This is inspired by a post from Intelligent Search Evangelist and Coveo Sales Manager Scott Bideau. Original post can be found here.
Everyone knows how difficult it can be to master a complex software program – and how important it is to become proficient using it when it is a primary “tool of the trade”. Experts of top graphics software are in high demand, and command a premium. Take Adobe Photoshop, for example. It’s the benchmark in image manipulation software, and the industry standard for graphics professionals.
You can easily spot the work of an unskilled Photoshop user. Distorted limbs, strange shadows, and overly embossed text are a few of the tell-tale signs of a novice photo editor. To become a highly proficient Photoshop user, takes years. Much of that knowledge is learned tribally and organically, shared on community boards, documented in tips and tricks, and recorded in countless YouTube clips. Surely this information can be put to work?
Adobe is a Coveo customer, and has indeed been providing its users with unified, relevant search results on its helpx.adobe.com website for some time now. However, with the latest release of Photoshop CS, in-product search has been introduced – bringing access to all that tribal knowledge directly into the context of Photoshop users, where and when they need it: inside Photoshop itself.
Photoshop’s in-product, contextual search is courtesy of Coveo and our machine learning technology. One of the most exciting developments is the ability to pull up educational content that will actively upskill users as they use the product. Photoshop Search describes the experience on their Search page:
“Photoshop features powerful search functionality that lets you search across UI elements, documents, Help & learning content, inspiring Stock assets, and much more—all from within a unified dialog. You can search for items right after launching Photoshop or when one or more documents are open.”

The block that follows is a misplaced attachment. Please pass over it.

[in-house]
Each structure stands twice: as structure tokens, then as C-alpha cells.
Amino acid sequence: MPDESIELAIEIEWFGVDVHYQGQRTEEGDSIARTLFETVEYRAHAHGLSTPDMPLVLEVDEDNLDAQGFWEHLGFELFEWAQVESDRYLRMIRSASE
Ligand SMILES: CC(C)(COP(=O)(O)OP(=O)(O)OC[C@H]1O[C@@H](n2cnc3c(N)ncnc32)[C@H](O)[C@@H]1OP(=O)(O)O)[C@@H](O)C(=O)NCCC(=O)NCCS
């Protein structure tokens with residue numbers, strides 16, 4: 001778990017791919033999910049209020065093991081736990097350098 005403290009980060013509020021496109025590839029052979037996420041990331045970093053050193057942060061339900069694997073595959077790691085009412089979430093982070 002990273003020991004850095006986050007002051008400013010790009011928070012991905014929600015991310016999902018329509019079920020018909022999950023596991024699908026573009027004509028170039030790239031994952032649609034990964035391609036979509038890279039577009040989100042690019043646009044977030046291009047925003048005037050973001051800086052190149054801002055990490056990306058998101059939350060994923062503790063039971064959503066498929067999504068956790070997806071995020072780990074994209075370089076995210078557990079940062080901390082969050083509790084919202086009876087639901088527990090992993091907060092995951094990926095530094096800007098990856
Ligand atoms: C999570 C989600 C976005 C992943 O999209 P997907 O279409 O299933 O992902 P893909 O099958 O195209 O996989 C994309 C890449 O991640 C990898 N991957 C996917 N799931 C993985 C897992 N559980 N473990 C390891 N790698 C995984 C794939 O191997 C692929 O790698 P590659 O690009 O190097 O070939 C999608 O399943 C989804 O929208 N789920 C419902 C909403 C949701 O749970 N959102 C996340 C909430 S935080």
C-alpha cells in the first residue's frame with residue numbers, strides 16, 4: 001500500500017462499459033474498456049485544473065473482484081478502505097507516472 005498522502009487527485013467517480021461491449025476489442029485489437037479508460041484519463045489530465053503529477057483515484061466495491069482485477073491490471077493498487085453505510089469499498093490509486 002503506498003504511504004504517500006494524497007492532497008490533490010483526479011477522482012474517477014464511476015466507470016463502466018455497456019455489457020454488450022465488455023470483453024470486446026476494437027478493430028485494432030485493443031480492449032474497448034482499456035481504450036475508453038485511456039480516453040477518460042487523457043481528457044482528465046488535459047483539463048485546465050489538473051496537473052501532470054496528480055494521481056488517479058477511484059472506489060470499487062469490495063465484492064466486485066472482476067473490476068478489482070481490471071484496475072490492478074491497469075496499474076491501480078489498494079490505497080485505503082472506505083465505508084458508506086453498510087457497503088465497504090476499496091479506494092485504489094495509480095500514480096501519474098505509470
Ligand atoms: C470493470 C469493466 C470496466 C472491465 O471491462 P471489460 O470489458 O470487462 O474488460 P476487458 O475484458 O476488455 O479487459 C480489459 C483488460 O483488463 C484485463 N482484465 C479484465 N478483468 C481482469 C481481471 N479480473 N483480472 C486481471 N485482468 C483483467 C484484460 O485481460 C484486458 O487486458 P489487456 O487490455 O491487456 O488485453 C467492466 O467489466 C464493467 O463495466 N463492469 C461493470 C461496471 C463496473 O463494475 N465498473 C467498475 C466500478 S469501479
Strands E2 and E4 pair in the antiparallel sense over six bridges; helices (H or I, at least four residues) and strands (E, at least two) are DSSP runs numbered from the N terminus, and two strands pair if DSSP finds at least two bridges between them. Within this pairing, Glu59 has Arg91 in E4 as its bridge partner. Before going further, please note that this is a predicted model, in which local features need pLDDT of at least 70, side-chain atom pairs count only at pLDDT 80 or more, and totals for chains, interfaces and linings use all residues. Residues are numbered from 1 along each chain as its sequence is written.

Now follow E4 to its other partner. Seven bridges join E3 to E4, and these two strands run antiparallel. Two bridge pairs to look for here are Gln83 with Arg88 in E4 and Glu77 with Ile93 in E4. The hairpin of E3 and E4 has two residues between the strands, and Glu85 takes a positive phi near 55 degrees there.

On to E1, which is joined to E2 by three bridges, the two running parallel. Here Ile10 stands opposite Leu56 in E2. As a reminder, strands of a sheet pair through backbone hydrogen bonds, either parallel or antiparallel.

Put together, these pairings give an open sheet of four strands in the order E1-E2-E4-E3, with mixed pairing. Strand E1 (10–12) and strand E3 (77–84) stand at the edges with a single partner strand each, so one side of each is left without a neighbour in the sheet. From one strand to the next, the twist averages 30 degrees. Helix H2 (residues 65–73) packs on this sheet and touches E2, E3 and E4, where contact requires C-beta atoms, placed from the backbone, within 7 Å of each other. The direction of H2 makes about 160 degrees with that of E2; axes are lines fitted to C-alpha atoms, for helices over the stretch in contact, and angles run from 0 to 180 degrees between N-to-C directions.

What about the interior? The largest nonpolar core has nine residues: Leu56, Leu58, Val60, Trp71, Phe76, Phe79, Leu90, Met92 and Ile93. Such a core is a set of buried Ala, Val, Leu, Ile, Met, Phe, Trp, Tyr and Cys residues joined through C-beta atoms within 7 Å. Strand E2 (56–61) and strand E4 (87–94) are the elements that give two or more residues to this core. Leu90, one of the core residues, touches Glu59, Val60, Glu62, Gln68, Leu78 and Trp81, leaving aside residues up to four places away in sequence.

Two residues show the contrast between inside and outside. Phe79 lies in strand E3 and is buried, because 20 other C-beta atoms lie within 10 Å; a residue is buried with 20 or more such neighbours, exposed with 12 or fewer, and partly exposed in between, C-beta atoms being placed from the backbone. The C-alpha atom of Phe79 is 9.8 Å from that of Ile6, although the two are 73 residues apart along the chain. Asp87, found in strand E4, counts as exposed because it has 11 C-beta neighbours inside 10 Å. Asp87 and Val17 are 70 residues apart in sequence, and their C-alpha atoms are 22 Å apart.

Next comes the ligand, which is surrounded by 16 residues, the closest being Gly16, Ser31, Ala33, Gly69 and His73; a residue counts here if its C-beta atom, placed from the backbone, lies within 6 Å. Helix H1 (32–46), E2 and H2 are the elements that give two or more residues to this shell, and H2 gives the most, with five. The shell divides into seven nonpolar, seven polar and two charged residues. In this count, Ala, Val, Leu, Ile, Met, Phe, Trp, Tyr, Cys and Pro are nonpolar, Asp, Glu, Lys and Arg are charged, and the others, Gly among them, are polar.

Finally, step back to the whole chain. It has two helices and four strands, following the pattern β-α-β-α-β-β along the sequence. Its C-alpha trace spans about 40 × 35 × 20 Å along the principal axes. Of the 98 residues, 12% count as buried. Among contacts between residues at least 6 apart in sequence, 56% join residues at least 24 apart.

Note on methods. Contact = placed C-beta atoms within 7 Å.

Scott Bideau is a Sales Manager at Coveo and worked with Adobe on this product. “The search use case within Photoshop is especially exciting for me since I have used the Photoshop product since version 4.0, which was released in 1996,” he explained on his blog “In-Product Search Comes to Photoshop.”
This begs the question: why now? Users can find hundreds of tutorials on every platform to solve Photoshop issues and these experts have been around for quite a while. The Photoshop community online is active and full of influencers that are actively producing the content. Why invest in a search tool that will have you competing with these experts?
The big answer is higher brand value. Any time users struggle with a product, they are experiencing frustration. With a SaaS business model, every interaction needs to reinforce that the subscription is worth it – and customers want the path of least resistance for that interaction. Sixty percent of respondents in this survey said that they viewed the ability to help themselves via self-service as one aspect of their judgment of a brand.
In-product search offers easy access to tutorials and helps to increase the time to proficiency with the customer. Google considers a lot of factors (ranking authority, timeliness, keyword depth) that may provide a good start to the user trying to find a certain tutorial. But when they quickly click and scan over the top three results and don’t find an answer, Google is not using that information in a meaningful way, just seeing the needle move on a higher bounce rate to potentially affect the ranking. Google is a multi-purpose tool for finding information, after all.
The Adobe Team is using Coveo’s machine learning technology in Photoshop with one goal in mind: teach customers. So when a user is still clicking around after going through the top results, the machine learning technology in Coveo Machine-Learning is going to collect that data and continue to refine the results. It’s also proactively suggesting helpful content to users. Companies with self-service programs retain 40 percent more of their clientele year-over year. When customers understand Photoshop, they are not going to abandon it. Photoshop can also make sure all of the information is up-to-date, and even boost search results for new features that may help users.
Not only that, providing this in-product search experience helps them connect with their young adult users. Seventy-three percent of millennial (ages 25-34) consumers say they should be able to solve product or service issues on their own, according to a 2015 Customer Experience Survey from Aspect. These consumers are not alone; the same study showed that 76 percent of all generations believe that customer service is a “true test” of their value to the company.
Companies planning to shift to a SaaS model in 2017 would be wise to take a page from Adobe’s book: upskilling your users keeps them invested. When users bought an on-premise product for a substantial sum, there was very little choice in continuing to use it. With SaaS, the users have the power. Retention rates depend on customer experience and a more skilled customer is a happier one.